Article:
Each day I use wireless or “Wi-Fi” technology to communicate with my 12 year-old daughter. Sometimes we text (using actual words!), but mostly we use emoji’s, small digital images or icons used to express an idea or emotion.
Things like "made the bus" quickly become
"Home from school" is
Emoji were created by Shigetaka Kurita, an employee of NTT Docomo, a mobile service provider in Japan in the late 1990s. Inspired by Japanese comic books (kanji) and Chinese characters and street signs (manja), Kurita created simple cartoon images that could be used during “messaging.” Emoji convey meaning that text sometimes cannot. They also are easy to use and fun. There are hundreds of emoji available too. No doubt someone is hard at work creating one for archives and archivists!
A typical morning exchange in our household includes the following string of emoji:
Translation: “Checking in. On my way to the school bus. Stay strong. Have a good day. Love you.”
As is seen in this 1922 sheet music example from the Sam Devincent Collection of Illustrated Sheet Music the practice of communicating by wireless expressed by symbols isn’t new. Here a couple separated by a continent or two—one balmy and tropical, the other cold and snowy—exchange their feelings using the first wireless technology. Developed around the turn of the 20th century by inventor Guglielmo Marconi (1874-1937), and others, wireless offered users an almost instant form of communicating across vast distances and in real time. By 1922, wireless communications could be either a one-way broadcast from a transmitter to many receivers or a two-way conversation between small radio stations. Used primarily by the military and businesses for official and commercial purposes, wireless also offered the general public a personal use, staying in touch with family.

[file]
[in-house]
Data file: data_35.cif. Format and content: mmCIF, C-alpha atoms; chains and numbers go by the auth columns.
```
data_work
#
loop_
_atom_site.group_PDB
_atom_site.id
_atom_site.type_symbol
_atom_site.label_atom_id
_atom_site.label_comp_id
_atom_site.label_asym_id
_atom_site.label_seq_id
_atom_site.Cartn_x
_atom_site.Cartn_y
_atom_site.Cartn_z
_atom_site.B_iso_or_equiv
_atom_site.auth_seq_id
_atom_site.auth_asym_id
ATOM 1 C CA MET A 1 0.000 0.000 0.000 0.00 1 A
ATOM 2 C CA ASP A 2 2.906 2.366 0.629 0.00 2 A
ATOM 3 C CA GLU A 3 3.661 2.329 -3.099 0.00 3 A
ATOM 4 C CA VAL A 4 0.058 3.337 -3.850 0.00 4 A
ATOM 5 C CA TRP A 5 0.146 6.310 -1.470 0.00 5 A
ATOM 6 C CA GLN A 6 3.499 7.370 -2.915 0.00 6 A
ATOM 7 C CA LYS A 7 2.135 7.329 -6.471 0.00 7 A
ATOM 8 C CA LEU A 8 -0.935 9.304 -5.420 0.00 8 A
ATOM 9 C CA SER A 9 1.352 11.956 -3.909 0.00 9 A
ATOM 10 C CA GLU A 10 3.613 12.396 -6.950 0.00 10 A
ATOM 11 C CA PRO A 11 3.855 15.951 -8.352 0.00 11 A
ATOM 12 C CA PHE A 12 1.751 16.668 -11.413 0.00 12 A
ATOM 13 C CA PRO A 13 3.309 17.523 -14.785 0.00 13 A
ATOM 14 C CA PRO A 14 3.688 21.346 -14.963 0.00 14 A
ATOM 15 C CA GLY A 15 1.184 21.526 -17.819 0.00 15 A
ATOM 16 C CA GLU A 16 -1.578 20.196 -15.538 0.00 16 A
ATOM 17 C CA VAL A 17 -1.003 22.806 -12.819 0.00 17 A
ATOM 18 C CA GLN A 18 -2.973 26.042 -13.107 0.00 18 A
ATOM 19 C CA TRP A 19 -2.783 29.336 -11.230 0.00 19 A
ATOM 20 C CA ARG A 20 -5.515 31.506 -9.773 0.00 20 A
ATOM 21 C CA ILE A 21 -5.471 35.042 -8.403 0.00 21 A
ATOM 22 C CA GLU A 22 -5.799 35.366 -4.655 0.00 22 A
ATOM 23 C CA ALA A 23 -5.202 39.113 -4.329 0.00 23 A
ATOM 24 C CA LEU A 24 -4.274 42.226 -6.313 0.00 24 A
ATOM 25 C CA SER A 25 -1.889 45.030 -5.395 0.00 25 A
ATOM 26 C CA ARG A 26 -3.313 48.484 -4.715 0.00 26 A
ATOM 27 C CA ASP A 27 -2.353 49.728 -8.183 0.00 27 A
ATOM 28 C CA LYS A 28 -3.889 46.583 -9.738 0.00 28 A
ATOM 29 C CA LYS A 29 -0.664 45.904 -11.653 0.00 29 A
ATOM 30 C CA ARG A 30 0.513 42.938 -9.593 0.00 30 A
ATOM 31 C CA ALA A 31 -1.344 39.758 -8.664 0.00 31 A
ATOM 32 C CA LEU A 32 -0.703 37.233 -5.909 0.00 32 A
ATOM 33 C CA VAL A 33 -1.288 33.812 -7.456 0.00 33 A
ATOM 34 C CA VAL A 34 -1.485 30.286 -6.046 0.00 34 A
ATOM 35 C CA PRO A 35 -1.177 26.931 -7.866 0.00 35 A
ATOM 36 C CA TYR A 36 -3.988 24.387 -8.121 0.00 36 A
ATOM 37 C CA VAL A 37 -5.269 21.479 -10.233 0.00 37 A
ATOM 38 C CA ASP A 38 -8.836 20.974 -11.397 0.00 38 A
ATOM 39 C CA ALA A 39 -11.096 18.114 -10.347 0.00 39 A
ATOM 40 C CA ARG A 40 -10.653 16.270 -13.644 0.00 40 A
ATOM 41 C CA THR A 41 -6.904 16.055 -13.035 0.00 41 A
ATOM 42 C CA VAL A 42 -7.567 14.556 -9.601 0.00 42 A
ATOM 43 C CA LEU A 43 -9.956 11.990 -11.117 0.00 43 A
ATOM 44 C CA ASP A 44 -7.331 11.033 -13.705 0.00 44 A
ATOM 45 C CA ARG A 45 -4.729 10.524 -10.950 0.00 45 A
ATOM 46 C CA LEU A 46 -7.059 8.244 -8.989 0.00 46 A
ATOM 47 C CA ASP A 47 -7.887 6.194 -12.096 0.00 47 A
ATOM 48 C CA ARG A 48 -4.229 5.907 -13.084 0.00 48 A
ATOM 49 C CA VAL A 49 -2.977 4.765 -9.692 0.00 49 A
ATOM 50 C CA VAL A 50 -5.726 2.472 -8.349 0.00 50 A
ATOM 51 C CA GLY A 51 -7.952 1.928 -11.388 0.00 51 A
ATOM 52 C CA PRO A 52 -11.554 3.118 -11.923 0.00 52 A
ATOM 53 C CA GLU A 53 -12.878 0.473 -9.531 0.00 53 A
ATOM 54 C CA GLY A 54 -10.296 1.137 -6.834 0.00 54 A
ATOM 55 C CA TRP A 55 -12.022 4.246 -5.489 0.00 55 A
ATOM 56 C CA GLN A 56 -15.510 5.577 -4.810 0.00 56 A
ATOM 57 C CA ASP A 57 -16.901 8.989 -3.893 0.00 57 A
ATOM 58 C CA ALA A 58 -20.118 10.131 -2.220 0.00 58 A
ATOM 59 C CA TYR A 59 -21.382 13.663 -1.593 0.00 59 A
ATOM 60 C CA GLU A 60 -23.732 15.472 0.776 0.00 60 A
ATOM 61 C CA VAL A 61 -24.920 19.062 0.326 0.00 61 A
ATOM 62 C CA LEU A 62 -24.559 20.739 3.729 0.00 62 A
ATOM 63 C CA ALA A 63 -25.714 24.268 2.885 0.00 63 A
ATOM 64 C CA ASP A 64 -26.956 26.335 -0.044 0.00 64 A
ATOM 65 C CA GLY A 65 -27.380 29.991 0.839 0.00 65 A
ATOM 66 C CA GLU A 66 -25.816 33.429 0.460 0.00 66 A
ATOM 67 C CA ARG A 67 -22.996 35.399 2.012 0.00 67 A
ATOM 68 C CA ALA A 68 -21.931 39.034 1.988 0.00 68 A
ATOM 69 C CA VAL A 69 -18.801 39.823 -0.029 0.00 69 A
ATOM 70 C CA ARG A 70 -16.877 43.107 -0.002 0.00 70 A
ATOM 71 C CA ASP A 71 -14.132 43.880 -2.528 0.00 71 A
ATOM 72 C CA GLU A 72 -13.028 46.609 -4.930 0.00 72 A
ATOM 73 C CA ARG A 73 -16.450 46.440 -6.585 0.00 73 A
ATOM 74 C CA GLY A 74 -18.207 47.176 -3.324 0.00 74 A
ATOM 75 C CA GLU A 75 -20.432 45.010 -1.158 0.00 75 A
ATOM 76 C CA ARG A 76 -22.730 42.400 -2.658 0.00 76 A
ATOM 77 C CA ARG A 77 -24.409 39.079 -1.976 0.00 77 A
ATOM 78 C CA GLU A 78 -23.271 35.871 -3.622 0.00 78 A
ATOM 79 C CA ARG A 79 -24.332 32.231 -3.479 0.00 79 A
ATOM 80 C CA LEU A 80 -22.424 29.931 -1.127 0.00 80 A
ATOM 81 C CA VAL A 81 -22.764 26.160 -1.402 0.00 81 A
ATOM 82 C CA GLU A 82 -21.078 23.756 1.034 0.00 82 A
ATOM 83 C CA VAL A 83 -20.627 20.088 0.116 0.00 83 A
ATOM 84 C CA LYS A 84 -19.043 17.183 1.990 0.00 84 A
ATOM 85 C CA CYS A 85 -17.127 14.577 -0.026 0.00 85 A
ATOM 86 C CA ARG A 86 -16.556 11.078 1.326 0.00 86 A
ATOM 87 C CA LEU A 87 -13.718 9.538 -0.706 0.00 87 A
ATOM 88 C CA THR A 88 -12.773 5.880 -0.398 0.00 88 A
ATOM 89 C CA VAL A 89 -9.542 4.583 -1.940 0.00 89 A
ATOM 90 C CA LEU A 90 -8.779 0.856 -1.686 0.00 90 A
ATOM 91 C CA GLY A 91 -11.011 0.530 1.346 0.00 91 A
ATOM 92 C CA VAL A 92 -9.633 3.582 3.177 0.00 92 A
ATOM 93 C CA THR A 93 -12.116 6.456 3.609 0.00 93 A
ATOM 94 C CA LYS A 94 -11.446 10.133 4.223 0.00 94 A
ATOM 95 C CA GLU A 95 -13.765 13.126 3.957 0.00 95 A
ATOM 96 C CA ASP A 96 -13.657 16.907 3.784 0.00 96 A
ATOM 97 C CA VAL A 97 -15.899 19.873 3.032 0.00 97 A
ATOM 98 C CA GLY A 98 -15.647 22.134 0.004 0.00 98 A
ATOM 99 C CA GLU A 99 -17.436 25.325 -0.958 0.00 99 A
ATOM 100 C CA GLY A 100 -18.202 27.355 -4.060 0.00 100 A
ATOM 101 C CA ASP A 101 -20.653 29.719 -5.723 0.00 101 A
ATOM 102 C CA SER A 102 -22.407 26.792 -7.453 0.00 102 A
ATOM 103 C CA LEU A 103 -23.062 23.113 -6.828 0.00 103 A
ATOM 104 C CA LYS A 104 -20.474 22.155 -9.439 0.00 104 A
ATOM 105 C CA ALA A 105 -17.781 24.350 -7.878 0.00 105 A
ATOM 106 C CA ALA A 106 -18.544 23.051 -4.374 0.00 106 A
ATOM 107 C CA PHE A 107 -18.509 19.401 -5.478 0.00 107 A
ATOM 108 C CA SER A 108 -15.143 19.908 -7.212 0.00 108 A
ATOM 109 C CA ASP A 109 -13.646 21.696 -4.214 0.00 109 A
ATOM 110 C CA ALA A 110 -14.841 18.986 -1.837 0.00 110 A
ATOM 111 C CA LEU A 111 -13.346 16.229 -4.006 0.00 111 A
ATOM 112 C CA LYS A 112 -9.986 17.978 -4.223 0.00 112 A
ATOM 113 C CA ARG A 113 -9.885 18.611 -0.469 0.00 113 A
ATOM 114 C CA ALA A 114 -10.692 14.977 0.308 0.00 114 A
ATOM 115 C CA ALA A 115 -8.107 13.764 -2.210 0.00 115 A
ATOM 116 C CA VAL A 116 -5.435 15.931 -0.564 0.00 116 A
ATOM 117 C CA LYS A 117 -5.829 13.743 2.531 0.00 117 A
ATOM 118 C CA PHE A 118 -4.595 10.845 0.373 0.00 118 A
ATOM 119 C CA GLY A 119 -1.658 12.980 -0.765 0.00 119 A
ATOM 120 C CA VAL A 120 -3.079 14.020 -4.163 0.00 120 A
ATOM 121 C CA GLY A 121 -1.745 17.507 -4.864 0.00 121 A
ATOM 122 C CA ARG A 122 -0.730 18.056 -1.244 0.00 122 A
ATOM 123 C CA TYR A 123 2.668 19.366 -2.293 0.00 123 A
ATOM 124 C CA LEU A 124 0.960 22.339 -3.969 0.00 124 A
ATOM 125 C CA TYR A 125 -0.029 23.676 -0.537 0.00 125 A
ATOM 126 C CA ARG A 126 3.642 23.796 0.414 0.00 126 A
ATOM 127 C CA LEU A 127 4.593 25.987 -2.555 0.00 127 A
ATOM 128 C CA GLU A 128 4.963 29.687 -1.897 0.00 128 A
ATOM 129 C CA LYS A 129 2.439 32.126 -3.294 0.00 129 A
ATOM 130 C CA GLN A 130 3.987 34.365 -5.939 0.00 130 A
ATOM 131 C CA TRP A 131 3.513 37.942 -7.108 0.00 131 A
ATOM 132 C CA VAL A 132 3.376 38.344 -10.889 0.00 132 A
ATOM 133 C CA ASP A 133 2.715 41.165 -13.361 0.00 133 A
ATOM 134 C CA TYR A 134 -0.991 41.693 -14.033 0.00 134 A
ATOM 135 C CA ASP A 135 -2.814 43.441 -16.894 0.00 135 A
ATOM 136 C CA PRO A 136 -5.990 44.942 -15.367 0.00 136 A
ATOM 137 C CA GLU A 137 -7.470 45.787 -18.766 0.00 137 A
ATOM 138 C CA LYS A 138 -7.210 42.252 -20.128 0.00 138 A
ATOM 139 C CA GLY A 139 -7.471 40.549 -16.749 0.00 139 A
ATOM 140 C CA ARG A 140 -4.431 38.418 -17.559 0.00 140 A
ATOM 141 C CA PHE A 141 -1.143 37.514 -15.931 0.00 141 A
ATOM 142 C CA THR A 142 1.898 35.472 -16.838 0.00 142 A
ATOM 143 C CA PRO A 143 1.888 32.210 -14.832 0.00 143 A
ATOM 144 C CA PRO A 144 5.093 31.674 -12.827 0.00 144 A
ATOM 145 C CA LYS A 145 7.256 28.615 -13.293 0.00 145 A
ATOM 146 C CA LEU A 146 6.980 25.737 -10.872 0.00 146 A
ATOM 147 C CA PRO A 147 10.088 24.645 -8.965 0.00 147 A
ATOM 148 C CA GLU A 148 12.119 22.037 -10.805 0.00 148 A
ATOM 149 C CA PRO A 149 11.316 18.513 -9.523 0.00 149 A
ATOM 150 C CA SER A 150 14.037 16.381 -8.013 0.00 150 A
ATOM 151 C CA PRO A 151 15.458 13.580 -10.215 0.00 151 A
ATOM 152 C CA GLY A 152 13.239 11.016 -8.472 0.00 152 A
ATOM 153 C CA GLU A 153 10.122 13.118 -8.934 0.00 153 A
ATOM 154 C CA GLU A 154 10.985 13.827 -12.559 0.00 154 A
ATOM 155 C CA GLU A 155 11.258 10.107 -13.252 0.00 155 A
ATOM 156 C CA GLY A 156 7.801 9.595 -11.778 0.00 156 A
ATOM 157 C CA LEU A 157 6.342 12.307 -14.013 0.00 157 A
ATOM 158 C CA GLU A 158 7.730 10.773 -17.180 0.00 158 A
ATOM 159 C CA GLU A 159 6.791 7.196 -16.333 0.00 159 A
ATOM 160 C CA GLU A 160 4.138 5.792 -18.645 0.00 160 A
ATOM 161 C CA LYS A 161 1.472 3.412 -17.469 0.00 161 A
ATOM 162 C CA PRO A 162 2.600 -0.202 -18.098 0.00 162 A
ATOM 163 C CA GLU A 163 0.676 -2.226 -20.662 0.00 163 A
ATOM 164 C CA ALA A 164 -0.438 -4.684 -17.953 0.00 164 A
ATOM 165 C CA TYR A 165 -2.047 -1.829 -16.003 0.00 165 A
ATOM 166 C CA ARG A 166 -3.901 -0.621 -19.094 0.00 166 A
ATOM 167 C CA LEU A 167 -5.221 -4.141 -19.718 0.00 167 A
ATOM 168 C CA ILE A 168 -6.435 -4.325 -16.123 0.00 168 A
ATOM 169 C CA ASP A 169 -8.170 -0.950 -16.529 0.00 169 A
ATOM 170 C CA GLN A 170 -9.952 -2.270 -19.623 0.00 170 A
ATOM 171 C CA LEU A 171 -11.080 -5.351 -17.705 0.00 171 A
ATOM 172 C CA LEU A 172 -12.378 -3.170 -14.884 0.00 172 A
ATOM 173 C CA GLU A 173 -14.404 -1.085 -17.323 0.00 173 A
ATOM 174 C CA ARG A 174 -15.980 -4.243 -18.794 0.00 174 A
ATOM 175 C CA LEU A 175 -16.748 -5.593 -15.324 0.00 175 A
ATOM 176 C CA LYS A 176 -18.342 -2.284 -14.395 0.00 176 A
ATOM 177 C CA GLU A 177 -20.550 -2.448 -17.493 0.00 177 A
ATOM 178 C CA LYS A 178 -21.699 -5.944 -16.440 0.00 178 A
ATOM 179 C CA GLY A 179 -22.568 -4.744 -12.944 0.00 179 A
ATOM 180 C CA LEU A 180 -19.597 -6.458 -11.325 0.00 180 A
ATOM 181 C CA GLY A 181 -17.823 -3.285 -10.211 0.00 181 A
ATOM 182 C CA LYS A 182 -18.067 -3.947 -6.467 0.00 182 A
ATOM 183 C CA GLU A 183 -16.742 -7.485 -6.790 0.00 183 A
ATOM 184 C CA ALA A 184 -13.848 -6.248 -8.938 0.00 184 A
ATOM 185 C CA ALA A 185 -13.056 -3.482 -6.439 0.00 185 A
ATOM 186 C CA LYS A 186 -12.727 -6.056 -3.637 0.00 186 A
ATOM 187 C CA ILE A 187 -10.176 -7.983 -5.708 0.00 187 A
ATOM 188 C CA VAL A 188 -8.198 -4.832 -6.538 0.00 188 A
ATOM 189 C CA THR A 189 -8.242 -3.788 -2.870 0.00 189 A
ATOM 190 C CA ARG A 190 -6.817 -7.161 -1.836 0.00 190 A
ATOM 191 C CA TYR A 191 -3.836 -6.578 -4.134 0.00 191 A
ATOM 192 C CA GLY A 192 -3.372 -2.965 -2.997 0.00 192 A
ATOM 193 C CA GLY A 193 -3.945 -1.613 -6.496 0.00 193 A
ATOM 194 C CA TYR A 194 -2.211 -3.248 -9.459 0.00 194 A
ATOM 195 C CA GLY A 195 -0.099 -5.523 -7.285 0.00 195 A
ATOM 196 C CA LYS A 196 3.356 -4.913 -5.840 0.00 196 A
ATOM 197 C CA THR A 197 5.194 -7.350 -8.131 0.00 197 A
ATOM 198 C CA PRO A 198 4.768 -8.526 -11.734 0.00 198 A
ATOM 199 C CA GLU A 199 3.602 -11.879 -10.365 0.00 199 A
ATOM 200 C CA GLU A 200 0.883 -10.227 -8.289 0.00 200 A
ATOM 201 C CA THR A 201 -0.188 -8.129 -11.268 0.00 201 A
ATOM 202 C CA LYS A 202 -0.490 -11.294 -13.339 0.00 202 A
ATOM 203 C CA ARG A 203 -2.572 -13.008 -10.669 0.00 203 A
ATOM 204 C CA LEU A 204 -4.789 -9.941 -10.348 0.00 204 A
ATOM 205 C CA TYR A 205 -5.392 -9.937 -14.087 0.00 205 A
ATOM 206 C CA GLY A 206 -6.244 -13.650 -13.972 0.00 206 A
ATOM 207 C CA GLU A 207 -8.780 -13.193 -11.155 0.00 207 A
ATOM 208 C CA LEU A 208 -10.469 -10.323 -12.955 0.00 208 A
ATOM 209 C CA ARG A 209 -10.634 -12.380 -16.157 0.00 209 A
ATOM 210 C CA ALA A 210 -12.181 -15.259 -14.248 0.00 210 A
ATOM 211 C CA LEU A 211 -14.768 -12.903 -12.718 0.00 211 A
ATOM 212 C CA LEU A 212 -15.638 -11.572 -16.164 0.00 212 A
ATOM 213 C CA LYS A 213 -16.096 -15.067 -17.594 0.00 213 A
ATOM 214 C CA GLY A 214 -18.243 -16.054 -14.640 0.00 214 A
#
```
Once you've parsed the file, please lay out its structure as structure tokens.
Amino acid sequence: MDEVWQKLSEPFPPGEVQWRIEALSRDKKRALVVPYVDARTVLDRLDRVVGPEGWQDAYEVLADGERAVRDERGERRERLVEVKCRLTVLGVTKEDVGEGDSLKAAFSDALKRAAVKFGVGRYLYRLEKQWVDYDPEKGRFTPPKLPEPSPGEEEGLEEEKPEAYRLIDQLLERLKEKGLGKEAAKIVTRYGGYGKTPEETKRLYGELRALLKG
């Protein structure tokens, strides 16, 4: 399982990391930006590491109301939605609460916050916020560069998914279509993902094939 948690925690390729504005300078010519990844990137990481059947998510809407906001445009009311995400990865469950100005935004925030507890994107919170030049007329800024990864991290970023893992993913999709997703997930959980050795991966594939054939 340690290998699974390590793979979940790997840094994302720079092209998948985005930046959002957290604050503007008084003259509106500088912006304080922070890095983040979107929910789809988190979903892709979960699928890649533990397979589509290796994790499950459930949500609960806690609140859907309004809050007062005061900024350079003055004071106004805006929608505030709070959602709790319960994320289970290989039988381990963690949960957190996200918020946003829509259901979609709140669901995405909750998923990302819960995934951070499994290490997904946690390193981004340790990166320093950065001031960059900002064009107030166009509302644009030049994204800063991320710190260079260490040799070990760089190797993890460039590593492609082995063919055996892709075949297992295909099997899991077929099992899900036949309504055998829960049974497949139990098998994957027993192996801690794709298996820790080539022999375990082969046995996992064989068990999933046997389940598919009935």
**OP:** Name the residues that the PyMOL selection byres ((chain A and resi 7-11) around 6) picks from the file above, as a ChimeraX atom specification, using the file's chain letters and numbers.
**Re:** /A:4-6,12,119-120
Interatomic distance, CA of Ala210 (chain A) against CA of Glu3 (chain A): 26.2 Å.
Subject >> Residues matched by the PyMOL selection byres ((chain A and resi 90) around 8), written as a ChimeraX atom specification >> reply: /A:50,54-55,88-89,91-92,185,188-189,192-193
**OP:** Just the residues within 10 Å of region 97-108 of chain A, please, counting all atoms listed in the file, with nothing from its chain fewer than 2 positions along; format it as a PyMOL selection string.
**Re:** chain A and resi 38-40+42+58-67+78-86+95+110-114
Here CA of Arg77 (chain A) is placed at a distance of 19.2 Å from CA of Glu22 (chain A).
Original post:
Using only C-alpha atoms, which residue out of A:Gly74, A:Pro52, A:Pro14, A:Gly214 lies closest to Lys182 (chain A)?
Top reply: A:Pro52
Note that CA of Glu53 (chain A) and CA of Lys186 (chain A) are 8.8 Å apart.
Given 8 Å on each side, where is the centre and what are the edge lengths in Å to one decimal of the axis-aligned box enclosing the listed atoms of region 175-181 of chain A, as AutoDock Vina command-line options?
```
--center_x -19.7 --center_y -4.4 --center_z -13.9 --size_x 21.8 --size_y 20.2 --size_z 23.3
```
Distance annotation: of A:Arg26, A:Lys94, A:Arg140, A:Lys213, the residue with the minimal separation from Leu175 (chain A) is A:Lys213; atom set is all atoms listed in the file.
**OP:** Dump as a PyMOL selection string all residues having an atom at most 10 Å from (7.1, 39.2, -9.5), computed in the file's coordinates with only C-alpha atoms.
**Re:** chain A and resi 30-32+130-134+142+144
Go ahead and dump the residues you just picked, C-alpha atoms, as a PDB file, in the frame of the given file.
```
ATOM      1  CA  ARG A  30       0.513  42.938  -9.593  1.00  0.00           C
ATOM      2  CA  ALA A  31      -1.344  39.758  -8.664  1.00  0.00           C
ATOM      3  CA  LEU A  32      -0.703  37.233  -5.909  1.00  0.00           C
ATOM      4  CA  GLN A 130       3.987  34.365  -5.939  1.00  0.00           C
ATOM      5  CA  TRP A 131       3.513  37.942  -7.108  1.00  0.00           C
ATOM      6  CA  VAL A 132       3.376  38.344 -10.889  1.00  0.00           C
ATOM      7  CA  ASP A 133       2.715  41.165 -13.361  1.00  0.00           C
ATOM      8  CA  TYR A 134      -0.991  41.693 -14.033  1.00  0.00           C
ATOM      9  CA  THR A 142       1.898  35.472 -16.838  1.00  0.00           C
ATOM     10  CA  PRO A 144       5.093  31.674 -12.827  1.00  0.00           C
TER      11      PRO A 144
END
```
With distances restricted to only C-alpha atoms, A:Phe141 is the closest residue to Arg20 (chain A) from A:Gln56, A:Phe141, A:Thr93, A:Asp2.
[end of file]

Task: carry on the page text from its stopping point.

Harry Hansen, then literary editor for The Nation, said of wireless in 1926, “There it is, up in the air, absolutely free, waiting for you to pull it down without the aid of electricity.” In reality wireless service wasn’t free in 1922 and, as the monthly bill from my provider proves, it certainly isn’t free today.
Conveying their love through the wires, you can hear the couple recite:
There's a wireless station down in my heart,
And it calls in my dreams all night long;
It is operating just for you and me,
And it's spanning the hills and the sea.
Your message I love the best,
The call to happiness.
Send each caress to me by wireless,
Its tenderness you can to me express;
I love to call you dear,
Across the atmosphere.
I hear your voice,
It thrills me through and through.
My lonely heart sighs for you, just for you!
Oh, radio-phone the answer "Yes!"
Kiss me by wireless.
There's a pulsating current,
Runs 'round my heart,
It's attuned with your own sweetheart mine;
Though you're far away,
We're never apart
For the radio station's my heart.
To learn more about the Archive's Center's collections documenting the history of wireless technology, explore online the Western Union Telegraph Company Records, the Anglo-American Telegraph Company Records, and the George Clark Collection of Radioana. Or, visit our reading room in person; we have Wi-Fi!